What If We Designed All Workplaces for Single Moms of Color?

The workplace user experience for this demographic sucks. Here’s what we can do about it.

Kerala Taylor
Published in
10 min readAug 17, 2022


Photo via Canva.

We live in a world designed by white men. Our workplaces and all of our major systems — healthcare, justice, government, education —have grown and evolved over the years, but they are still rooted in sexist, racist soils.

We’ve made some promising advancements in the realms of diversity, equity, and inclusion, to be sure. We also have a long way to go. As of 2020, 86% of Fortune 500 CEOs were still white men. Among Fortune 500 board members, only 28% of board seats were held by women and only 21% by people of color.

Within and beyond Fortune 500 companies, any woman and/or person of color who “makes it,” still does so against the odds.

Most of us now understand that while diversification is an important piece of the puzzle, these efforts are unlikely to be successful without parallel efforts to create a more inclusive workplace. How can we make sure the white bros play nice with the rest of us?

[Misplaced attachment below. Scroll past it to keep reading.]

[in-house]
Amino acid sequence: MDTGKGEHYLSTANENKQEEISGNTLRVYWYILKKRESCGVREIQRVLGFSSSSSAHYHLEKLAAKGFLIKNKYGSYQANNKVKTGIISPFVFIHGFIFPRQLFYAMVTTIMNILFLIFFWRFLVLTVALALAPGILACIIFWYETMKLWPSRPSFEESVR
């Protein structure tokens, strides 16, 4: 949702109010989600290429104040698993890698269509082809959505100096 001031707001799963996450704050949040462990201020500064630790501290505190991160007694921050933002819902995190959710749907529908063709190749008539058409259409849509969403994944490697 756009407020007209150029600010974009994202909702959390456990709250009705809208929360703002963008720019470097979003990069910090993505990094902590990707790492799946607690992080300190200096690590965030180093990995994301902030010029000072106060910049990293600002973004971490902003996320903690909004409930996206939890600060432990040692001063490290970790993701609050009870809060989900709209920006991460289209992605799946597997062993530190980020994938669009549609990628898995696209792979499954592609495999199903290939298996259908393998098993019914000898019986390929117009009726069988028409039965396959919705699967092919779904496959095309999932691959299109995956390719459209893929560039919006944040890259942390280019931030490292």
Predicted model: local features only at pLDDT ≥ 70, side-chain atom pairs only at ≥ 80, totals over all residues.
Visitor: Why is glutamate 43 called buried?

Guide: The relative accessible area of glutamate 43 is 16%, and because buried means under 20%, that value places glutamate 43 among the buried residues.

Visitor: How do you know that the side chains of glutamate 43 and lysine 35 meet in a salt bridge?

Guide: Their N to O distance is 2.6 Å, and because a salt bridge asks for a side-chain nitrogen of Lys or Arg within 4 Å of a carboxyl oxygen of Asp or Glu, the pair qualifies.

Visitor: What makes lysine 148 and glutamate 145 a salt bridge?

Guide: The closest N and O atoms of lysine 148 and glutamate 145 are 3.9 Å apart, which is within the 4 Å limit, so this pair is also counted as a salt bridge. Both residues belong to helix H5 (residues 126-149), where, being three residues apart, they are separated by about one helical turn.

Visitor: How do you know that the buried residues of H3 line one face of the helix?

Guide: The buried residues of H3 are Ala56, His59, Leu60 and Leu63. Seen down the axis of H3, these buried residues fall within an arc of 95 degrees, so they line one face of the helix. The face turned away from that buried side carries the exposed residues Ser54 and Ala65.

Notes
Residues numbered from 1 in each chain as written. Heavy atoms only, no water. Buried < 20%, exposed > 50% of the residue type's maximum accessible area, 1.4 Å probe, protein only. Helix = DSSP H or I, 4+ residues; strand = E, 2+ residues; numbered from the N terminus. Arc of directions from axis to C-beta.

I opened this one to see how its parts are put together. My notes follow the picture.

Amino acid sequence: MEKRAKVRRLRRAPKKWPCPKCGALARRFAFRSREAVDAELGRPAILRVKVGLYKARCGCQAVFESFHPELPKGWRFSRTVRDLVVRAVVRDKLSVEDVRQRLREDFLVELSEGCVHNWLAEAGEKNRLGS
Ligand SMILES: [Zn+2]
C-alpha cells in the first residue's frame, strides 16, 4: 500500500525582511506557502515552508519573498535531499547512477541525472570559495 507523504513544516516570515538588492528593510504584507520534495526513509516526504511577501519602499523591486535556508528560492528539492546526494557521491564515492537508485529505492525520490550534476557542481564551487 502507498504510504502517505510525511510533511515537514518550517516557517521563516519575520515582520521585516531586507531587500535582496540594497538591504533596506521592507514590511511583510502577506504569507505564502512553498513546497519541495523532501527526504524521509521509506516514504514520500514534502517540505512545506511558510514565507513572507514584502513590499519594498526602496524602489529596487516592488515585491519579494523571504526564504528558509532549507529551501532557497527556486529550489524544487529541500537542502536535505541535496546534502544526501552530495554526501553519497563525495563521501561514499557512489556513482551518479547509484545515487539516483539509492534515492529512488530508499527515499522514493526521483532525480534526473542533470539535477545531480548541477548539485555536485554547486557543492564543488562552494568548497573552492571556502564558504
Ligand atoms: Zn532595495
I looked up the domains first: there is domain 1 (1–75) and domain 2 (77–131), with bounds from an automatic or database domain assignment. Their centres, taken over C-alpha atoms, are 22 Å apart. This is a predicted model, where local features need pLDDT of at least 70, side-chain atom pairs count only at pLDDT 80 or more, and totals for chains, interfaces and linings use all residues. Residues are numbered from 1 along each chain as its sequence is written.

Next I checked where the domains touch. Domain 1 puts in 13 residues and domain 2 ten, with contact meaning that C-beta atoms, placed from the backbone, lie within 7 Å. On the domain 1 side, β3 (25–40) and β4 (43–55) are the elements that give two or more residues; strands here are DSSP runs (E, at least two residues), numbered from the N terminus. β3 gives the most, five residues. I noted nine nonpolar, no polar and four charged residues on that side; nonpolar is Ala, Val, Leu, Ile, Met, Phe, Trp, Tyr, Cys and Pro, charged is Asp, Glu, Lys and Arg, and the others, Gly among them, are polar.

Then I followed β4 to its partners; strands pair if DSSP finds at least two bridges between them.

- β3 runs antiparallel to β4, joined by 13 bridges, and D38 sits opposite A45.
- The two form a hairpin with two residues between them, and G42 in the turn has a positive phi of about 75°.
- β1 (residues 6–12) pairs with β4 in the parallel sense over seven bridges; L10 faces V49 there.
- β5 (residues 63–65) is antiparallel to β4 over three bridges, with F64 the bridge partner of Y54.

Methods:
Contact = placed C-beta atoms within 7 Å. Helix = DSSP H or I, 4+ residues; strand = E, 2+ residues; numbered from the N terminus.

But here’s the rub: Even if the white bros play nice, we’re still playing the white bros’ game.

There are times when I stumble across a radical concept that makes so much sense, I can’t believe I’ve never thought about it that way before.

As a UX strategist and digital marketer, I’ve created my fair share of personas —that is, cleverly named mythical people who represent a “core demographic,” like Gen X Gwen or Retired Randy.

Though I’ve always understood the rationale behind creating these personas, I’ve also found that they typically end up being generic stock photo models with mostly generic needs — easily forgettable and only marginally useful.

Then I learned about inclusive design.

In Design for Real Life, Eric Meyer and Sara Wachter-Boettcher describe the concept this this way:

“Instead of treating stress situations as fringe concerns, it’s time we move them to the center of our conversations — to start with our most vulnerable, distracted, and stressed-out users, and then work our way outward.”



Kerala Taylor
Writer for

Award-winning writer. Interrupting notions of what it means to be a mother, woman, worker, and wife. Subscribe: https://keralataylor.substack.com